HB 1082 Disproportionately Impact Environmental Justice, Meaningful Engagement&the Clean Power Plan

Source: HB 1082 Disproportionately Impact Environmental Justice, Meaningful Engagement&the Clean Power Plan


HB 1082 Disproportionately Impact Environmental Justice, Meaningful Engagement&the Clean Power Plan



The Proposed Law “No More Stringent Than” will create significant, real obstacles for our state regulators.

First, the proposed law will impose additional costs on state agencies over and above the usual costs of rulemaking, in terms of staff time, money, and available expertise, most state budgets are already strained keeping with Federal regulations.

Second, the proposed law raises tendency to single out for further scrutiny—by executive branch overseers, lawmakers, and the public—proposed regulations that are more stringent than the federal baseline. Although state rulemaking is always a public process, the presumption that seems to underlie qualified stringency provisions is that a more-stringent state regulation is unnecessary or unjustified until proven otherwise.

Third, these provisions can, expressly or impliedly, place an agency in the difficult position of arguing that the federal rule is insufficient to protect the people of the state— rather than simply explaining why the proposed more-stringent regulation is more protective. Together, these considerations create a disincentive for state agencies to pursue more-stringent regulations. And even when agencies decide to proceed in the face of qualified stringency requirements, they must bear opportunity costs in terms of other regulatory initiatives that will receive correspondingly fewer agency resources according to Environmental Law Institute,2013.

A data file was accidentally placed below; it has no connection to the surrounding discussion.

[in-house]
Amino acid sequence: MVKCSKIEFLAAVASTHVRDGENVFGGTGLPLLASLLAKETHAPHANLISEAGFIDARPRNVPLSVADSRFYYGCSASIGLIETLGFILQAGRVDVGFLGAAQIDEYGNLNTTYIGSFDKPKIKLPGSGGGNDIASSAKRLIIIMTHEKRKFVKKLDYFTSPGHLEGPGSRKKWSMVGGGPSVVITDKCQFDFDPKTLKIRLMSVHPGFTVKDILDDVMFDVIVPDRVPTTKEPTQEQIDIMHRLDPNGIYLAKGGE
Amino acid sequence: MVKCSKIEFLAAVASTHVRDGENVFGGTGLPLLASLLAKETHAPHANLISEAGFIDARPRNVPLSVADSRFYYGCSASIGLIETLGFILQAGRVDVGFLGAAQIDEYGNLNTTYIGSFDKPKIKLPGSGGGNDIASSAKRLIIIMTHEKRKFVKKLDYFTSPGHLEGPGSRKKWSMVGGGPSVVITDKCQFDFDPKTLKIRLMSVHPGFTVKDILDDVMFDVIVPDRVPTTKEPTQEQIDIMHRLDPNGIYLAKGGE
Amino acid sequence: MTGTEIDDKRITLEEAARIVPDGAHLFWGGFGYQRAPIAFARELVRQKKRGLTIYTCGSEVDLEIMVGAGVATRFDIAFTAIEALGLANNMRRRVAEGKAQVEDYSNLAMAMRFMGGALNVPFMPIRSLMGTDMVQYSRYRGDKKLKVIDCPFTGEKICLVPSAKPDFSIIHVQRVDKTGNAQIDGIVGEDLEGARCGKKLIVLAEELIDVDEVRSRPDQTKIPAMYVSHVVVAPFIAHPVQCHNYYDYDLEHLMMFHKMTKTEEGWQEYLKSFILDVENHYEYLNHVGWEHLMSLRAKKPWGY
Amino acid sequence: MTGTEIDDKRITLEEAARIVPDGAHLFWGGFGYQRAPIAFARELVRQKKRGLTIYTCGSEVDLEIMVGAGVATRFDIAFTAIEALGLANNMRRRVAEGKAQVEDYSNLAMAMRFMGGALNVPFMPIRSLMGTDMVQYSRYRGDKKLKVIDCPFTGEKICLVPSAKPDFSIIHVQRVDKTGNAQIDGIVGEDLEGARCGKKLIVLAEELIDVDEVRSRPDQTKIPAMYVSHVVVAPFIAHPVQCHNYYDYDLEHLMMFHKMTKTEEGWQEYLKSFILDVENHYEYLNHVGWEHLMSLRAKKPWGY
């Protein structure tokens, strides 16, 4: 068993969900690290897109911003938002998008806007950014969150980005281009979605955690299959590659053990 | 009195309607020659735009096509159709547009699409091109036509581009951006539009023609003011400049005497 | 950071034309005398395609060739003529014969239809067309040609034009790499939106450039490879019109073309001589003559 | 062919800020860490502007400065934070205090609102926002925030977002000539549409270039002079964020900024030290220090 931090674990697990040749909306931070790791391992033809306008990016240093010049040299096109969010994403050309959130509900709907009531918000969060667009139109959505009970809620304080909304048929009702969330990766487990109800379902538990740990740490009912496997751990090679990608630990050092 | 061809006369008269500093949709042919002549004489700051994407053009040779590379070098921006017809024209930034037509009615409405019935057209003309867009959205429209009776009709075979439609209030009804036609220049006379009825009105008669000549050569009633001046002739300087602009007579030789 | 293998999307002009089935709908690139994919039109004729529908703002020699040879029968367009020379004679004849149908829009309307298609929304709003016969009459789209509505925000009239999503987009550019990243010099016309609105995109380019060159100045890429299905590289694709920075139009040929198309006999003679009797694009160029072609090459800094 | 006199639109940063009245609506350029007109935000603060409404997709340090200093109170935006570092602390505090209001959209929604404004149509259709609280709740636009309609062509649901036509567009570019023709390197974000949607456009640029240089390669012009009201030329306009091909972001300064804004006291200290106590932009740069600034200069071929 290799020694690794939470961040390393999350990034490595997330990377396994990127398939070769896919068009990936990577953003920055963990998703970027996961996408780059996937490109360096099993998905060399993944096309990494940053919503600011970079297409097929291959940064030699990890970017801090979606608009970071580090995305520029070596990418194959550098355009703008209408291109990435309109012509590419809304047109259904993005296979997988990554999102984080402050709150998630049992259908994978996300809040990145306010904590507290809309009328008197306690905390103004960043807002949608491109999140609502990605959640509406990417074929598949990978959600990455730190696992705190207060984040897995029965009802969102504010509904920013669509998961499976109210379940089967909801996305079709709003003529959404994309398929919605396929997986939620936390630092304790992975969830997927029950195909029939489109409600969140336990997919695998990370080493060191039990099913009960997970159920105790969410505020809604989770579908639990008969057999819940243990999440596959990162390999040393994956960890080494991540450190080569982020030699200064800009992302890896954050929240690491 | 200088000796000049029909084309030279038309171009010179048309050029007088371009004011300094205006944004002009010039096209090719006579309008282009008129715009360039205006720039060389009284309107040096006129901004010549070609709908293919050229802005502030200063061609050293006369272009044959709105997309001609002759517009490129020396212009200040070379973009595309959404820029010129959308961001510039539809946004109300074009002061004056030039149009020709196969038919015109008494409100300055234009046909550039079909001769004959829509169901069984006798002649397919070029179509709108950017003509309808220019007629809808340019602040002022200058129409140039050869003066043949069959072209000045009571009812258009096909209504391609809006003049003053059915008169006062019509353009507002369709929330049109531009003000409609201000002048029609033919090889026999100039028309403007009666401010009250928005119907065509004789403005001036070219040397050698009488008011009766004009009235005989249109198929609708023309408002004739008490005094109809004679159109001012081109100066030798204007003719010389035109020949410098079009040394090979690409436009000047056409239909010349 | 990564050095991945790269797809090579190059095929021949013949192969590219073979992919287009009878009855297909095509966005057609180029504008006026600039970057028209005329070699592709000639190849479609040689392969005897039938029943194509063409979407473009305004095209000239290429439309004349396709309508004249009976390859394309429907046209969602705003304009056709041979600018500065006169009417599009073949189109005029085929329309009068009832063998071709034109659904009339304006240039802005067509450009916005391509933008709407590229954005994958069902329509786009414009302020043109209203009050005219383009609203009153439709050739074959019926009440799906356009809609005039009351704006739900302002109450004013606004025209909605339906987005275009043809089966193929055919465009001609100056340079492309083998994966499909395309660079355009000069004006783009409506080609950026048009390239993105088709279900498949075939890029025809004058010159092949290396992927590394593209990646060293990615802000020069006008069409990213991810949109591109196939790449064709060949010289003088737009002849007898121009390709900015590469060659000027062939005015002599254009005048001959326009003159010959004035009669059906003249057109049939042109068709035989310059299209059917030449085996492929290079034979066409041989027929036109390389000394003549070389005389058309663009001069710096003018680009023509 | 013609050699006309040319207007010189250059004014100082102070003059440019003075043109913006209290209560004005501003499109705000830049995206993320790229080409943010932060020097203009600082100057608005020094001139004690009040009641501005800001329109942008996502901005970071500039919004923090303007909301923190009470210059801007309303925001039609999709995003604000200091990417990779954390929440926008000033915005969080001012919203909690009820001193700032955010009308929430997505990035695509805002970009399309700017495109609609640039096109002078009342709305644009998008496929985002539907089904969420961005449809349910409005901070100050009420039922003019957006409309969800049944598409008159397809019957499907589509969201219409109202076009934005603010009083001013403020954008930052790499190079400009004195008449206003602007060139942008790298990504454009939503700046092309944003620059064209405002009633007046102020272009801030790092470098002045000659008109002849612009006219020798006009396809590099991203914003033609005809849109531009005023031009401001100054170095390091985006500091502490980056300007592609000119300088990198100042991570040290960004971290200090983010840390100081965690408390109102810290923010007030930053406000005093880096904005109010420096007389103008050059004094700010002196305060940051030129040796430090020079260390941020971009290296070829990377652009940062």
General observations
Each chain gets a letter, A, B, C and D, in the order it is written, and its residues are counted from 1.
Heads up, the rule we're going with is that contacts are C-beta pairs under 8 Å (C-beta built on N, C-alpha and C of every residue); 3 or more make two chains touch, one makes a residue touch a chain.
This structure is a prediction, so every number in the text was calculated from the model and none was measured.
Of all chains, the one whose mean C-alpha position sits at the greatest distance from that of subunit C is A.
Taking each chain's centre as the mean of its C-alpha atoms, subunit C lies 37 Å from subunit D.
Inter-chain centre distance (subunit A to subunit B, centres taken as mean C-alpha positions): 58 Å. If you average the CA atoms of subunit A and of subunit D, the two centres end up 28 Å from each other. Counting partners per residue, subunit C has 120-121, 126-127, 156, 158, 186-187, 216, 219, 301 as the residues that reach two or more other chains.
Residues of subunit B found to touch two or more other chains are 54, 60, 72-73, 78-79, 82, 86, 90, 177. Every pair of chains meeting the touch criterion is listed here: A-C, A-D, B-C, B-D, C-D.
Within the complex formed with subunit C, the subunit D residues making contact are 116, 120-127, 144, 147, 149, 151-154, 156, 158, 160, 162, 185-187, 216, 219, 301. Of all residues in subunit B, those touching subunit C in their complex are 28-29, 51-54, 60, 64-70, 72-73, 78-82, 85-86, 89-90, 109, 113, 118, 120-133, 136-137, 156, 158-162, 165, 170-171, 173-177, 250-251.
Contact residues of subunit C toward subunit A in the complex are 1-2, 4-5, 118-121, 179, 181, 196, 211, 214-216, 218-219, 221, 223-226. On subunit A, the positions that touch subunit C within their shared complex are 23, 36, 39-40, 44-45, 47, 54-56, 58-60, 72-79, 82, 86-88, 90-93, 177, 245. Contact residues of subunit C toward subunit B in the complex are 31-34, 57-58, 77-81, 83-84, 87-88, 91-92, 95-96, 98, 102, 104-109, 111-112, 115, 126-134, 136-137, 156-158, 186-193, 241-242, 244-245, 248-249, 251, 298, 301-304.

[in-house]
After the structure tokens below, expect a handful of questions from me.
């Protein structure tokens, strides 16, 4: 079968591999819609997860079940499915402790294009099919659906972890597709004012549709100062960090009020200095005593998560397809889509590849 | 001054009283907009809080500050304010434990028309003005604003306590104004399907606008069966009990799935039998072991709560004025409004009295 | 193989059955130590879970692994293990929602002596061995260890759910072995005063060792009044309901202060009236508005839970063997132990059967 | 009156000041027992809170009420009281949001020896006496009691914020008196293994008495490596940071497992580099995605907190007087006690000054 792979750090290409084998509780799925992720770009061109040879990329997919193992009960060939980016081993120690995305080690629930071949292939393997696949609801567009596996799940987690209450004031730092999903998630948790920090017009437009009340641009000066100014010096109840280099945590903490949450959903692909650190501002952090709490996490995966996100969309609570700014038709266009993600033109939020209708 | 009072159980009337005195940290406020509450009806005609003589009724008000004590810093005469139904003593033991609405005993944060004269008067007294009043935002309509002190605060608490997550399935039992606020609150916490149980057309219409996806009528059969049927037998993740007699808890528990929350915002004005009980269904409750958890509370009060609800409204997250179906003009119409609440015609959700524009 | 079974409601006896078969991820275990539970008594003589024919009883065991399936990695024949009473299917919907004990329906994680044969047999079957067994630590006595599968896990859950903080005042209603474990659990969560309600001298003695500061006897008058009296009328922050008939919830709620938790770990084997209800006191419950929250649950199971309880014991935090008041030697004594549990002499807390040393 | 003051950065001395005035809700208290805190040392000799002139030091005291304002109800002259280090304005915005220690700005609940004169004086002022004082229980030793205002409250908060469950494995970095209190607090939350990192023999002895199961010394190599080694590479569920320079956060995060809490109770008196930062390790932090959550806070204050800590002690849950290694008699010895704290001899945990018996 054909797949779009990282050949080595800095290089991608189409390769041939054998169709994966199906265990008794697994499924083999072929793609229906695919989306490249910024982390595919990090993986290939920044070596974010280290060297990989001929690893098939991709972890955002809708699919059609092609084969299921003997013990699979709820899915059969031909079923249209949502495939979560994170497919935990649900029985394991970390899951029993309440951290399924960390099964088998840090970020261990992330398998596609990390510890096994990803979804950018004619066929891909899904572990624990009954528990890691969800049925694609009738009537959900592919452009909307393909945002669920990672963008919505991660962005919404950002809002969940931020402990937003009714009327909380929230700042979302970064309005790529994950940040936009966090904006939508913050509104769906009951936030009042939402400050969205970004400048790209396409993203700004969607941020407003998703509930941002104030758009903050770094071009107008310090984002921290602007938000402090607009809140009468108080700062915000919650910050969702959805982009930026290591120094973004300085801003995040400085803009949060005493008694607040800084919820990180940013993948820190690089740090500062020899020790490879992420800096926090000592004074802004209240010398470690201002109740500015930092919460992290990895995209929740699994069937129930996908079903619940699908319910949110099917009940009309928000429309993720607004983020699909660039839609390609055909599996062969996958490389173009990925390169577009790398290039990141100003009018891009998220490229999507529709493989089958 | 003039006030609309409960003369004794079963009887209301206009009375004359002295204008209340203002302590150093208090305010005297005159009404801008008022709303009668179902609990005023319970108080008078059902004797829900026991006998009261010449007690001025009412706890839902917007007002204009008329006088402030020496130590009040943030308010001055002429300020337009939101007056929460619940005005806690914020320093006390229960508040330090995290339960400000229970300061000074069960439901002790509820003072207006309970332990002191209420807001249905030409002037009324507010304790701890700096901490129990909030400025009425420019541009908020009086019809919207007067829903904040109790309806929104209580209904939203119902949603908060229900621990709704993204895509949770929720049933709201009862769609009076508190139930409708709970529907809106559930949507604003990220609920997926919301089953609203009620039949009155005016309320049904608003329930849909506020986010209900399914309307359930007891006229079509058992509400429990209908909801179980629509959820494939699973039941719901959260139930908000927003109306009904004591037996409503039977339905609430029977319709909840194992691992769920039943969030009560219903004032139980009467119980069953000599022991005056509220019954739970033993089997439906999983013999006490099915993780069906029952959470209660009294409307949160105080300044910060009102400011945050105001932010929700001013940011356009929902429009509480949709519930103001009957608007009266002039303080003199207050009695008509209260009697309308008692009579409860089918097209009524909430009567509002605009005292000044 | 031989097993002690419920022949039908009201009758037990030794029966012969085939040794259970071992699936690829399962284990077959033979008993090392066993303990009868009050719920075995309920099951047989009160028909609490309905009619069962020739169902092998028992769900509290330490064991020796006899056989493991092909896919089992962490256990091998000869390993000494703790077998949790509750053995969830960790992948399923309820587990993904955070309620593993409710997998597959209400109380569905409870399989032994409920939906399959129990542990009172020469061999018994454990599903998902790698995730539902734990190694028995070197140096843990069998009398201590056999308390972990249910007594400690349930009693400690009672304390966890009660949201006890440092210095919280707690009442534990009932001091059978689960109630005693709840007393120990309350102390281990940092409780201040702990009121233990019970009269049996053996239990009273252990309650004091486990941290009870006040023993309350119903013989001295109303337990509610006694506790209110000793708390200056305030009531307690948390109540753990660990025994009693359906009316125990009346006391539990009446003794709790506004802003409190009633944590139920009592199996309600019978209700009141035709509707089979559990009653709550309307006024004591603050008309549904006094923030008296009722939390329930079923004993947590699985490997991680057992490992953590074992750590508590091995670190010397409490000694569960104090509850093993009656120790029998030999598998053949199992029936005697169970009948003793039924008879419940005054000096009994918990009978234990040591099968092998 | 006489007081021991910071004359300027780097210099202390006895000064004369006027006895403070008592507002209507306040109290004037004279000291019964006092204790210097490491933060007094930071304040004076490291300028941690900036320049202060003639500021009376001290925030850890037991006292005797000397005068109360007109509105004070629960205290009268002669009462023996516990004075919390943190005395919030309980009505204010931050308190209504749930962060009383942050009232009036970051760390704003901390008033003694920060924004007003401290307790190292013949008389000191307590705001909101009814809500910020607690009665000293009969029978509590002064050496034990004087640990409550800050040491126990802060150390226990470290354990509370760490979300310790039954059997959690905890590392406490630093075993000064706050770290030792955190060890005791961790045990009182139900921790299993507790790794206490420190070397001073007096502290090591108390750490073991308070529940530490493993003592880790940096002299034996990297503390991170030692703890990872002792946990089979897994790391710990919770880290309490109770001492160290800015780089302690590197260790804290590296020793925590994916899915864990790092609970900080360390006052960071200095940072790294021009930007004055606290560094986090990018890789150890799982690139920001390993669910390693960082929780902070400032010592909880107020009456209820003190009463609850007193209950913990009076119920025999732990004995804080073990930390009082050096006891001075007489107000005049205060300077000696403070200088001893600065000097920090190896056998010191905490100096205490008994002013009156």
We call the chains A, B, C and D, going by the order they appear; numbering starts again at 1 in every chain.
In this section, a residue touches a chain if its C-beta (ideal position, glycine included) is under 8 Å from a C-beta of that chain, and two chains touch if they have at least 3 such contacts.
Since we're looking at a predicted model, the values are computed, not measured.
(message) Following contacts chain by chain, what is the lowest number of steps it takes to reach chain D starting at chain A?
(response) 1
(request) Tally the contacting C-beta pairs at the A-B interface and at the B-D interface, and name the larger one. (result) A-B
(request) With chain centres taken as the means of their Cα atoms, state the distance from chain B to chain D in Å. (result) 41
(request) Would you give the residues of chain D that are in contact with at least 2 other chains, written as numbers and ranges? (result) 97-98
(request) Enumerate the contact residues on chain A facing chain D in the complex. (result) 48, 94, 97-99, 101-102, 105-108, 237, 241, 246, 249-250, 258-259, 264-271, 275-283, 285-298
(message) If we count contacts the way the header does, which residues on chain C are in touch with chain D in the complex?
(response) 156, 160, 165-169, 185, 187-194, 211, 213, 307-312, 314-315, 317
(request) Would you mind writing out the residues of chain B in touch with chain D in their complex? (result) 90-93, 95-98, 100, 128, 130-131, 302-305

According to Abrams Environmental Law Clinic

“no stricter than” law are that federal regulations are not necessarily aligned with the needs and the constituent desires in Indiana, that such a law is just an obstacle when a stricter rule is needed and symbolic otherwise, that such a law prevents the state from being a ‘laboratory’ for environmental policy, and that such a law improperly prioritizes the interests of businesses over individual state citizens.[1]

How Does This Proposed Law Compare to Similar Laws In Other States?       The proposed law, in its current form, appears much more stringent than similar laws in other states. First, by applying the law to all environmental rules under the purview of the ERB and IDEM the proposed law is very broad. Most states with some form of “no more stringent than federal” law in the environmental context direct the law to a specific concern or at least a specific medium (e.g. water).[2] Second, most states with such a law provides an exception that is less burdensome than the specific statutory authorization exception in HB 1082.[3] For example, the state with the closest law to HB 1082, Oklahoma, still has a significantly less burdensome exception. Oklahoma law requires a written statement of economic impact and environmental benefit be submitted to the governor and Legislature before any ‘more stringent’ rules can be adopted

Environmental Justice Perspective-

In terms of EJ concerns, the effect of this proposed law would presumably not be to make disadvantaged communities any worse-off environmentally than under the status quo, but it could impede efforts to improve conditions for those communities. AND OF COURSE WHEN Conditions in EJ communities of concern, would still require action from IDEM if falling short of federal standards.

Yet, if conditions in such communities in Indiana were at the bare minimum for federal standards – or if federal standards specified a larger area of assessment such that the plight of the community of concern is buried in a compliant average – any efforts to improve the conditions would face a serious impediment in addition to the usual political and economic obstacles facing any such effort.